The Call to Action is back after the October hiatus, and today’s post while not about the election tomorrow at all, is actually inspired by it. Today, I want to firmly remind everyone out there to LISTEN. Of course I mean as we are helping patrons, but I think it is a good reminder to all of us, for all of our interactions, with everyone we meet.
But, this is a blog about library workers helping leisure readers find materials in our buildings, so I will leave the bigger picture implications to the side for now and move into our specifics.
One of the biggest problems library workers have as they help leisure patrons look for their next good read is that we don’t actually hear what is being asked for because none of us are being active listeners.
We ask patrons to tell us about a good book they have read recently and as soon as they mention the title, our brains run off to start thinking of readalike options. We stop listening when they utter a title and don’t continue to have a CONVERSATION where we listen to the patrons explain WHY they enjoyed the book. We run off to make connection based on our version of that title, or even another patron’s [who we may have helped at a previous point in time] version. But that reader, in front of you, talking to you, has so much to teach you about their version of the book-- what it meant to them, why it was a good fit, and what else they would enjoy. When you stop actively listening at the mention of a title, you stop doing your job.
I see this happen all of the time. Someone says they liked The Girl on the Train. If you stop listening, you might run off to find this reader as many female driven psychological suspense stories as possible. But if instead, you had stopped to listen to this specific reader [as I discuss here], you will see that it is the compelling narration that the reader really enjoyed. In fact, this example reader loved that she didn’t even think about solving the mystery in the novel while she was reading it because she was having so much fun following Rachel. She even described this dark, gritty book as beautiful [again, click here for more details on this patron interaction].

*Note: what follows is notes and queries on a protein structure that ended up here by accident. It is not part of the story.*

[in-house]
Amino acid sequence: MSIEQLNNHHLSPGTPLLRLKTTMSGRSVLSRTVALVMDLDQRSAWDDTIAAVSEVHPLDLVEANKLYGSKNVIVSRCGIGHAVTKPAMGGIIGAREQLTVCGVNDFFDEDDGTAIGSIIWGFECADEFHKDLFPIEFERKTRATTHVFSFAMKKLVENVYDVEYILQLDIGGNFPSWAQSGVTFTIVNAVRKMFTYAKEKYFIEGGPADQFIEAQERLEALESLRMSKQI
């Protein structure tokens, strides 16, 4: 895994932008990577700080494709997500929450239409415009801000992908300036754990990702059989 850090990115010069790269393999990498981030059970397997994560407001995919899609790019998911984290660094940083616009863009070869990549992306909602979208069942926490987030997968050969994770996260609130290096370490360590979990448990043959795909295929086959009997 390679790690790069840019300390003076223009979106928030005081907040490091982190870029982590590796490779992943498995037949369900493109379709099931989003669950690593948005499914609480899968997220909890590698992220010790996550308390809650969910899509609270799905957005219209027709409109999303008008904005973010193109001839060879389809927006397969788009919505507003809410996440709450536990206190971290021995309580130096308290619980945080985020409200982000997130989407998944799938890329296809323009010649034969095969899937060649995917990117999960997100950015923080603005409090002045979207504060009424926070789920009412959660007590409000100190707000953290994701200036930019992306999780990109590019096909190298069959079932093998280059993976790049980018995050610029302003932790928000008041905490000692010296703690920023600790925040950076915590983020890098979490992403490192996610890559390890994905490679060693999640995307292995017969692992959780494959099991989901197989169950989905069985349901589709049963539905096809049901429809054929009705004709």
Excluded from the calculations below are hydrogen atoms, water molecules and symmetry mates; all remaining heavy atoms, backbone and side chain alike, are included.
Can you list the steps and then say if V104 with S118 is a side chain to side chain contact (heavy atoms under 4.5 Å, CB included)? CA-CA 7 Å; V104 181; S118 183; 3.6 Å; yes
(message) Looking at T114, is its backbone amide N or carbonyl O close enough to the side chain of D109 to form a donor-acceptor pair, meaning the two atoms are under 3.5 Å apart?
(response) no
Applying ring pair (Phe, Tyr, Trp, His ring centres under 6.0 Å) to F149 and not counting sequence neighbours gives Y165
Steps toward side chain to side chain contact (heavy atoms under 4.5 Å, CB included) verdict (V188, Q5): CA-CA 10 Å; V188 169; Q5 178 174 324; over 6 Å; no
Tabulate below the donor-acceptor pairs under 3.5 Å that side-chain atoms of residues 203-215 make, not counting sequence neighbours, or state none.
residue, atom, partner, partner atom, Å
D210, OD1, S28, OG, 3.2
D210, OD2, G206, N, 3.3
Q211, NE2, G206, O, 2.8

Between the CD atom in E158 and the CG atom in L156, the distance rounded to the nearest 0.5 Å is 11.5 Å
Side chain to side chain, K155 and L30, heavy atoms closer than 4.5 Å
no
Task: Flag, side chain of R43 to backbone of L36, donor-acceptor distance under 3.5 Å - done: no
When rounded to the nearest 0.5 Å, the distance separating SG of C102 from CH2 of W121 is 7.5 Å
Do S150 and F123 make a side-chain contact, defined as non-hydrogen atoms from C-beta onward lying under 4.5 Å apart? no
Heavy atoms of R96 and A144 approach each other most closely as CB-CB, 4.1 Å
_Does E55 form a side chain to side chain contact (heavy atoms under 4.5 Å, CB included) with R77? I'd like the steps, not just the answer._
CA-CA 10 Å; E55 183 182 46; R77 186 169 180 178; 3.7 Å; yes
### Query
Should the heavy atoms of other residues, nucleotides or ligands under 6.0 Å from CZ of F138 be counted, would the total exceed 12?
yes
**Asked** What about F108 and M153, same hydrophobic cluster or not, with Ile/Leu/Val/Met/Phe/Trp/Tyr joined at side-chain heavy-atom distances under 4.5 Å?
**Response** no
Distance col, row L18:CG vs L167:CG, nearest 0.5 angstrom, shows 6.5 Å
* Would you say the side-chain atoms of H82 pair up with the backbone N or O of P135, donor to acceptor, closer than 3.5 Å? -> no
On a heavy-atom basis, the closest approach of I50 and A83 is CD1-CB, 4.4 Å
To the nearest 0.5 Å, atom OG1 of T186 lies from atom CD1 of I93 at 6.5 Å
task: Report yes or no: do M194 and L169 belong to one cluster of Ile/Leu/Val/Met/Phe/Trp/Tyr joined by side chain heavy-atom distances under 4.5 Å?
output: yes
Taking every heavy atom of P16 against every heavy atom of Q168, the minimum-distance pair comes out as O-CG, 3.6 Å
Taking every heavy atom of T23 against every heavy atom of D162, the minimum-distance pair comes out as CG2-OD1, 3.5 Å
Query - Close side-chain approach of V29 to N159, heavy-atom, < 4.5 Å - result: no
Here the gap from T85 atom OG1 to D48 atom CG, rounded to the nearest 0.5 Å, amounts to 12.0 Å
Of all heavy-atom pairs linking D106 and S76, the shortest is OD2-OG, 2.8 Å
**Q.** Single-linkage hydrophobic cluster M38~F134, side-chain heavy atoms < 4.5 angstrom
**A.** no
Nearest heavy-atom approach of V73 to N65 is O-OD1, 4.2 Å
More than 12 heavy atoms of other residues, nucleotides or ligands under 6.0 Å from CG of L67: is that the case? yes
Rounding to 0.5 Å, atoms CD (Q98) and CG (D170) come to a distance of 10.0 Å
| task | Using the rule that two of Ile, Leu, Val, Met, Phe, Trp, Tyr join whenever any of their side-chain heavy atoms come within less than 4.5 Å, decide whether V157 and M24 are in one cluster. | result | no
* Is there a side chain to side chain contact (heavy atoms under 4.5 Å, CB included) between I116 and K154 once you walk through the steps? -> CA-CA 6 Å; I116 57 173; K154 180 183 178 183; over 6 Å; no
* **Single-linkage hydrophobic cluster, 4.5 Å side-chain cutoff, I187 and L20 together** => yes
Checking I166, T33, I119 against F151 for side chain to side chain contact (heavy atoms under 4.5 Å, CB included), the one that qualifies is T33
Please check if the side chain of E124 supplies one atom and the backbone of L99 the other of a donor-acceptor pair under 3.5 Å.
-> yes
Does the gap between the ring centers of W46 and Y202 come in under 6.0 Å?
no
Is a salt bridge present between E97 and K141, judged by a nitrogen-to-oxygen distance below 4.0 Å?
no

Now this added information is a huge clue as to what titles the reader may also enjoy that goes much deeper into her specific reasons for enjoying the book, but I would have missed this clue if I had stopped actively listening after she uttered “The Girl on the Train,” and assumed I knew what she wanted.
How can we get better as listening during the RA Conversation? Well, I like to focus on the words the patron is using and then repeat those words back to him or her. This shows that I am understanding what he or she is saying to me. It also helps me to actively listen because I have a job to do-- repeat key words back.
Once I think I have a handle on it, I try a suggestion I am pretty sure this person has read, to gauge how I am doing. In this case, I did NOT ask if she had read Gone Girl because that does not have a likable, unreliable narrator; Flynn's are unreliable, yes, but not likable at all.
Instead I asked if she had read Before I Go To Sleep by S J Watson- another compelling, narrator driven suspense story where the narrator herself is unreliable but extremely likable. [Click here for details on that title.] She had read it and loved it.
Now you may think I just struck out there by suggestion a book she has already read, but I am here today to tell you the opposite is true. I just won big time! I gained this patron’s trust immediately because I just proved to her that I “got her.” I truly listened to her and understood why she like The Girl on the Train. Now that I had gained her trust and proved that I cared enough to listen, we were able to have a deeper conversation about what she was truly looking for in a good book. We were able to move beyond simply throwing titles back and forth and talked about what she was looking for. It turned out she was also interested in how The Girl on the Train also makes a statement about how people today get wrapped up in, even obsessed with, the tragedy of others.
So, I took all of the knowledge I gained by listening and I eventually suggested two books that are mentioned in this post, The Bones of You by Debbie Howells and The Truth About the Harry Quebert Affair by Joel Dicker. You can click through to read more details, but the point here is that neither of these titles is one that you would normally find on the standard The Girl on the Train cookie cutter readalike lists.
Don’t get me wrong, those lists are great for passive RA or for when we are in a hurry. But when we are engaging our patrons in a face to face RA conversation, they deserve more. We need to listen.
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